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08/21/95 MARK ADCOCK v. MONTGOMERY ELEVATOR COMPANY

August 21, 1995

MARK ADCOCK, PLAINTIFF-APPELLANT,
v.
MONTGOMERY ELEVATOR COMPANY, DEFENDANT-APPELLEE.



APPEAL FROM THE CIRCUIT COURT OF COOK COUNTY. HONORABLE WILLIAM J. LASSERS, JUDGE PRESIDING.

As Corrected September 14, 1995. Petition for Leave to Appeal Denied December 6, 1995.

Presiding Justice Campbell delivered the opinion of the court: Buckley, J., and Wolfson, J., concur.

The opinion of the court was delivered by: Campbell

PRESIDING JUSTICE CAMPBELL delivered the opinion of the court:

Plaintiff, Mark Adcock, appeals an order of the circuit court of Cook County, granting summary judgment in favor of defendant, Montgomery Elevator Company, in an action for negligence. On appeal, plaintiff contends that: (1) the trial court erred in determining that his negligence action is barred by the construction statute of repose (735 ILCS 5/13-214(b) (West 1992)); and (2) the construction statute of repose violates the open courts provision of the Illinois constitution. For the following reasons, we affirm.

The following facts are relevant to this appeal. In 1972, defendant manufactured and installed an escalator at O'Hare International Airport, Chicago (O'Hare). On April 19, 1989, plaintiff was a passenger on the escalator when it stopped abruptly, and plaintiff was thrown forward and down the escalator.

Plaintiff brought an action against defendant in two counts, alleging negligence and strict product liability. *fn1 In his negligence count, plaintiff alleged that the escalator braking system was defectively designed, causing the escalator to stop suddenly, throwing passengers forward.

Defendant filed a motion for summary judgment, arguing that plaintiff's negligence allegation was barred by the construction statute of repose. (735 ILCS 5/13-214 (West 1992).) Following a hearing, the trial court granted defendant's motion. Plaintiff's timely appeal followed.

Plaintiff contends that the statute of repose at section 13-214(b) should not bar his claim because defendant is not within the class of persons the legislature intended to protect. Plaintiff argues alternatively that the escalator is a standardized product, and therefore it does not fall within the scope of section 13-214(b).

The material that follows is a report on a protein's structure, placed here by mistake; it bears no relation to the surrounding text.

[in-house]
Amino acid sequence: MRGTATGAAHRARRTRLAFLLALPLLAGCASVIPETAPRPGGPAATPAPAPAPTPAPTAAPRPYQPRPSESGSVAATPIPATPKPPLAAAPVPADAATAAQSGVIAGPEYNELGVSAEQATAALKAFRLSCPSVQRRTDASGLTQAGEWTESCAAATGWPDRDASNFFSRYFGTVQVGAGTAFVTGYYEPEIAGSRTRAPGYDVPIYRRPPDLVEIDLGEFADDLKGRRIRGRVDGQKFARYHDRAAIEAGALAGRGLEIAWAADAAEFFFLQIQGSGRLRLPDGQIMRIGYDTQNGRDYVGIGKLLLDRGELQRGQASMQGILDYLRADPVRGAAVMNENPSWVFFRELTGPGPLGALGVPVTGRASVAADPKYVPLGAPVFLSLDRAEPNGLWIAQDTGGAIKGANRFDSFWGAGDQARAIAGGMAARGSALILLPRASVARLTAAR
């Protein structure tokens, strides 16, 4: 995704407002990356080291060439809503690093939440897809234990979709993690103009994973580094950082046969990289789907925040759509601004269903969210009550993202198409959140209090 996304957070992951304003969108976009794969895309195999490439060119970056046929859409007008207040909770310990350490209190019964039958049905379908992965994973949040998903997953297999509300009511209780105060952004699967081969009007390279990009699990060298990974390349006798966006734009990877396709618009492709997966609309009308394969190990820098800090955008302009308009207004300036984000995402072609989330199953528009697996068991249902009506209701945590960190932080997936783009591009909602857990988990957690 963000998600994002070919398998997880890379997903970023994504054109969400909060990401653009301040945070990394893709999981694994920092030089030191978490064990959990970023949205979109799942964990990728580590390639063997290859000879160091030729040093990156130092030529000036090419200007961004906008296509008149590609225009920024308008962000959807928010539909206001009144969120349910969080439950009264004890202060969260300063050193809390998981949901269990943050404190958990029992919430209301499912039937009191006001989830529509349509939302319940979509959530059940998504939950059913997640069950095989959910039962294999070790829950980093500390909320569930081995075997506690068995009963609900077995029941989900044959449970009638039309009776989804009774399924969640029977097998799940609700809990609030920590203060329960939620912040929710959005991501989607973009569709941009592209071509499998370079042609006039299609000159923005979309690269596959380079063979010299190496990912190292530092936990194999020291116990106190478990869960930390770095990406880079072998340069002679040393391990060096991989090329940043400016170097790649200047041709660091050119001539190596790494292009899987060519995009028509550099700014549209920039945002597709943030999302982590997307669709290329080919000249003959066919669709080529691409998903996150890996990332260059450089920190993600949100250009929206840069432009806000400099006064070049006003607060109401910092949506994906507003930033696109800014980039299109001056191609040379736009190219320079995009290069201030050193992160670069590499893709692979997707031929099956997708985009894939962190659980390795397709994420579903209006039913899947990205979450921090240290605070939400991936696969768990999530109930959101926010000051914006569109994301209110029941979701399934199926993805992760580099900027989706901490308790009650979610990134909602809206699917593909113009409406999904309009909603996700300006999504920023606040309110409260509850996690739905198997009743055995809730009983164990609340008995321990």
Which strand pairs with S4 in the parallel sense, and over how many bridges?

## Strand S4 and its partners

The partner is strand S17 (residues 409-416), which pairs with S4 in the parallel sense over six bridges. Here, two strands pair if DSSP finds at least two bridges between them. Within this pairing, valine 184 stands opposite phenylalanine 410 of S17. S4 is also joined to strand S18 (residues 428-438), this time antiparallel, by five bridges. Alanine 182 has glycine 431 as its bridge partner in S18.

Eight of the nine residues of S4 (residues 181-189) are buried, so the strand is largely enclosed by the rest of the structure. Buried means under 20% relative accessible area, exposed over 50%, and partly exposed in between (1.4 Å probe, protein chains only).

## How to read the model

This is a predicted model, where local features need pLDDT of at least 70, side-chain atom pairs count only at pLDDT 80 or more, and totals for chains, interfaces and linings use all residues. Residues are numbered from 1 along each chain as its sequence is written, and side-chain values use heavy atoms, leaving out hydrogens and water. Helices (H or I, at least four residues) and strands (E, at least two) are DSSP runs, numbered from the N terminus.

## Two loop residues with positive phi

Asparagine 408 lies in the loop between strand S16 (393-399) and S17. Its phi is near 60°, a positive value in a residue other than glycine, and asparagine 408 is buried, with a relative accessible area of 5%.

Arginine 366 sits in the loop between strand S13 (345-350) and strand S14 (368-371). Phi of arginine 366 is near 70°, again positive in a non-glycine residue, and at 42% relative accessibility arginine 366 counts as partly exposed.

Our standard of review of the circuit court's decision to grant summary judgment is de novo. ( Travelers Insurance Co. v. First National Bank (1993), 250 Ill. App. 3d 641, 645, 621 N.E.2d 209, 190 Ill. Dec. 340.) Summary judgment is proper where "the pleadings, depositions, and admissions on file, together with the affidavits, if any show that there is not genuine issue as to any material fact and that the moving party is entitled to a judgment as a matter of law." (735 ILCS 5/2-1005(c) (West 1992).) Summary judgment is to be granted only where the evidence, when construed most strongly against the moving party, establishes clearly and without doubt the movant's right to relief. Purtill v. Hess (1986), 111 Ill. 2d 229, 489 N.E.2d 867, 95 Ill. Dec. 305; Prodromos v. Forty East Cedar Condominium Association (1994), 264 Ill. App. 3d 363, 636 N.E.2d 846, 201 Ill. Dec. 414.

Section 13-214(b) provides in pertinent part:

"No action based upon tort, contract or otherwise may be brought against any person for an act or omission of such person in the design, planning, supervision, observation or management of construction, or construction of an improvement to real property after 10 years have elapsed from the time of such act or omission. * * * " 735 ILCS 5/13-214(b).

Whether a manufacturer is afforded protection under section 13-214 (b) is determined by inquiring: (1) whether the product at issue constitutes an improvement to real property, and if so, (2) whether the manufacturer falls within the activities enumerated in the statute. ( St. Louis v. Rockwell Graphic Systems, Inc. (1992), 153 Ill. 2d 1, 3, 605 N.E.2d 555, 178 Ill. Dec. 761.) An "improvement" "is an addition to real property amounting to more than mere repair or replacement, and which substantially enhances the value of the property. ( Continental Insurance Co. v. Walsh Construction Co. (1988), 171 Ill. App. 3d 135, 524 N.E.2d 1131, 121 Ill. Dec. 83.)

Plaintiff concedes that the escalator is an improvement to real property. However, plaintiff argues that legislative history reveals that defendant is not protected under section 12-314(b) because the statute intends to protect only architects, ...


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